Sunday, June 29, 2008

Bluebirds of Happiness



Doesn't Silas look happy? He has just entered an entirely different world. No longer is he confined to his safe and comfortable nest box, snuggled up with his siblings. The outside world, viewed through the entrance holes, was alluring and exciting as Silas waited for his parents to deliver meals. Instead, now he is balanced awkwardly on a branch, and the outside world comes up short of his expectations. The sun glares into his eyes, other birds stare at him and seem to laugh, and that big two-legged thing is standing over there...

Silas may not have been happy, but I was. I had spent a long time building the box, pounding and sawing and painting in the sweltering garage. I had watched as the female bluebird built the nest, I had checked on the eggs in the nest, and I had monitored the progress of the babies' growth. Now those babies were leaving the nest, to grow into adult bluebirds. Hopefully, some will stick around and use the vacant boxes next year. Silas could fly strongly, despite the fact that he was fresh out of the nest. However, he spent most of his time hunched over on the branch, peeping pitifully for food. Here's another photo of him, in which he looks somewhat less grumpy.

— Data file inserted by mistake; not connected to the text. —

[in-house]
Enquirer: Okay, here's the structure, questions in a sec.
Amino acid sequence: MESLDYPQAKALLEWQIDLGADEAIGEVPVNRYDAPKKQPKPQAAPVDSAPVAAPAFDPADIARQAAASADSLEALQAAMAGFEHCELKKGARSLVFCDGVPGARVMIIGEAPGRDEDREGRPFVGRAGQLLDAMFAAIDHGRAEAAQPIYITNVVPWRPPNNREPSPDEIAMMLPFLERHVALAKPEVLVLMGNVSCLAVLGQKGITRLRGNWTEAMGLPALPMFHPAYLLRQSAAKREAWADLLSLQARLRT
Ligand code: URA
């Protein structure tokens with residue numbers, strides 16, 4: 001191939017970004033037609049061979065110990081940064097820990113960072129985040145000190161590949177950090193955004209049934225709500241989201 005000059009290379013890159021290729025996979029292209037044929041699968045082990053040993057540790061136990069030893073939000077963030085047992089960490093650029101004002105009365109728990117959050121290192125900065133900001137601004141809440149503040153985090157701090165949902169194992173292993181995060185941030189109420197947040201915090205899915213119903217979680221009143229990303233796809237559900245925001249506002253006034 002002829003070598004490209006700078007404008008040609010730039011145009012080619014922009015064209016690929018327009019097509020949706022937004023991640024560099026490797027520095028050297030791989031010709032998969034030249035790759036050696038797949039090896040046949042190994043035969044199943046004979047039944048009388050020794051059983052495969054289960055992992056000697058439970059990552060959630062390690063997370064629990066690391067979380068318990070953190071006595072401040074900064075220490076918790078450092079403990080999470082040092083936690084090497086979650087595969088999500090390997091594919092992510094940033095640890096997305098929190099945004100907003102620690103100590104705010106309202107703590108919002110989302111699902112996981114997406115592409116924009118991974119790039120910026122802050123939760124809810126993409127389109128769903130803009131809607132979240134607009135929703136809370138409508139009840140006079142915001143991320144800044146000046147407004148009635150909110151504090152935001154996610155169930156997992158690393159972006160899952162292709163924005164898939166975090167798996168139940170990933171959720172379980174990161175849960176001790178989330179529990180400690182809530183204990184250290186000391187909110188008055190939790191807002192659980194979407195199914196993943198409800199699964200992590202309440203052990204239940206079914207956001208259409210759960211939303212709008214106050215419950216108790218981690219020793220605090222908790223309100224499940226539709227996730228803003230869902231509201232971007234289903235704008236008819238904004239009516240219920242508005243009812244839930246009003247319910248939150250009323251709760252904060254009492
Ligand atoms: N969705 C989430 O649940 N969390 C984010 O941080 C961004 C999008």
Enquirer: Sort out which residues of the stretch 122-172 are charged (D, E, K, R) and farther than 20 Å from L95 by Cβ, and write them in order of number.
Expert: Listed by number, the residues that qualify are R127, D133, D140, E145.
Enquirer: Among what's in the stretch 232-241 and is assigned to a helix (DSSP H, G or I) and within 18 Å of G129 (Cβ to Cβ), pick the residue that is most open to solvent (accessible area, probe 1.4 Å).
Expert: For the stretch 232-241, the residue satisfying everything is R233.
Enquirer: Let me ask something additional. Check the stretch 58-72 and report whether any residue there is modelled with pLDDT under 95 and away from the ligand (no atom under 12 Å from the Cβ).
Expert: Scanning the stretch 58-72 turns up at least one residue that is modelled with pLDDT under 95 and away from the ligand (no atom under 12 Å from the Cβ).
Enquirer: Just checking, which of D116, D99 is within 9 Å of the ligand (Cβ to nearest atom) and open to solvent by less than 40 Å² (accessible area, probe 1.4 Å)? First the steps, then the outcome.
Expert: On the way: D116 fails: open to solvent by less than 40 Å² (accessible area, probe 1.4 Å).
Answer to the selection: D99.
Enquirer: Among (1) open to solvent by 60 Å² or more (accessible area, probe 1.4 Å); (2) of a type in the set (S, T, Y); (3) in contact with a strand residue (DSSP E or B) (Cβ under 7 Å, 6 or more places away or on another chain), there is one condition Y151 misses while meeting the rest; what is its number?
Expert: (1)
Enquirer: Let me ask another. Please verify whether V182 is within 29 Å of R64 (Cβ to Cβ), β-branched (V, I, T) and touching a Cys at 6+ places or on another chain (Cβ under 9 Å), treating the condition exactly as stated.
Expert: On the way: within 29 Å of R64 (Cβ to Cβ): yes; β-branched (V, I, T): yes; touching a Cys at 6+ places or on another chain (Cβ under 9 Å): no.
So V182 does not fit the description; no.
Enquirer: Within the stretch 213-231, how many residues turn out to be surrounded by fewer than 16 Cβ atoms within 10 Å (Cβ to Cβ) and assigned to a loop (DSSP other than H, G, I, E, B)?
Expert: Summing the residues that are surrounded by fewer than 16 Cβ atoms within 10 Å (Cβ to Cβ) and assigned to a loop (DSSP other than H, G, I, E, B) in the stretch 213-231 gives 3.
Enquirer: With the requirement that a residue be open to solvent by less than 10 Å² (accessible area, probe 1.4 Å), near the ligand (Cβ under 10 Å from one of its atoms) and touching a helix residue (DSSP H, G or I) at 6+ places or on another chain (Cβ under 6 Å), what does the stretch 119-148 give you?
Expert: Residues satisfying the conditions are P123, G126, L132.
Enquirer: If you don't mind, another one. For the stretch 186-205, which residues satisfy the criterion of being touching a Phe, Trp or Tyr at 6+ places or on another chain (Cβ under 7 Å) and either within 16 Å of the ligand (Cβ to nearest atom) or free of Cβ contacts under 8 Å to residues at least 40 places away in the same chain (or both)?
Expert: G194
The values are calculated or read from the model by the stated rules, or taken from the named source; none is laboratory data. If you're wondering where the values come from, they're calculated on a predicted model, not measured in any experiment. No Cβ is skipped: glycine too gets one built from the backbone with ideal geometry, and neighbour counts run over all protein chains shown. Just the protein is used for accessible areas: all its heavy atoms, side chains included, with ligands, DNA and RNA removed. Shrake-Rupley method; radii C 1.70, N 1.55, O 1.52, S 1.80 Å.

Silas's parents were hanging around, feeding and watching over not only Silas but also his siblings who were still peering curiously from the entrance holes of the nest box. I was standing a fair distance away, digiscoping the bluebirds; anyone walking along the sidewalk (which passes close to the box) would receive fierce dive-bombings from the adults. Here's a shot of the female, watching for insects to feed to the babies.



I was very surprised to see the young from the previous brood helping the parents feed the babies. I had noticed them hanging around during the incubation period, but I assumed they were teenagers bumming around in hopes of a handout. There were three, still sporting their baby spots (young bluebirds are mostly brown with pale spots). However, their tails have grown in (notice Silas's stumpy tail) and they have lost their fuzzy appearance. I know that other species of young birds (scrub-jays, among others) give their parents a hand with other broods, but I've never heard of bluebirds doing this. Strange. I guess you learn something new every day...

1 comment:

Bosque Bill said...

Thanks for the continuing saga!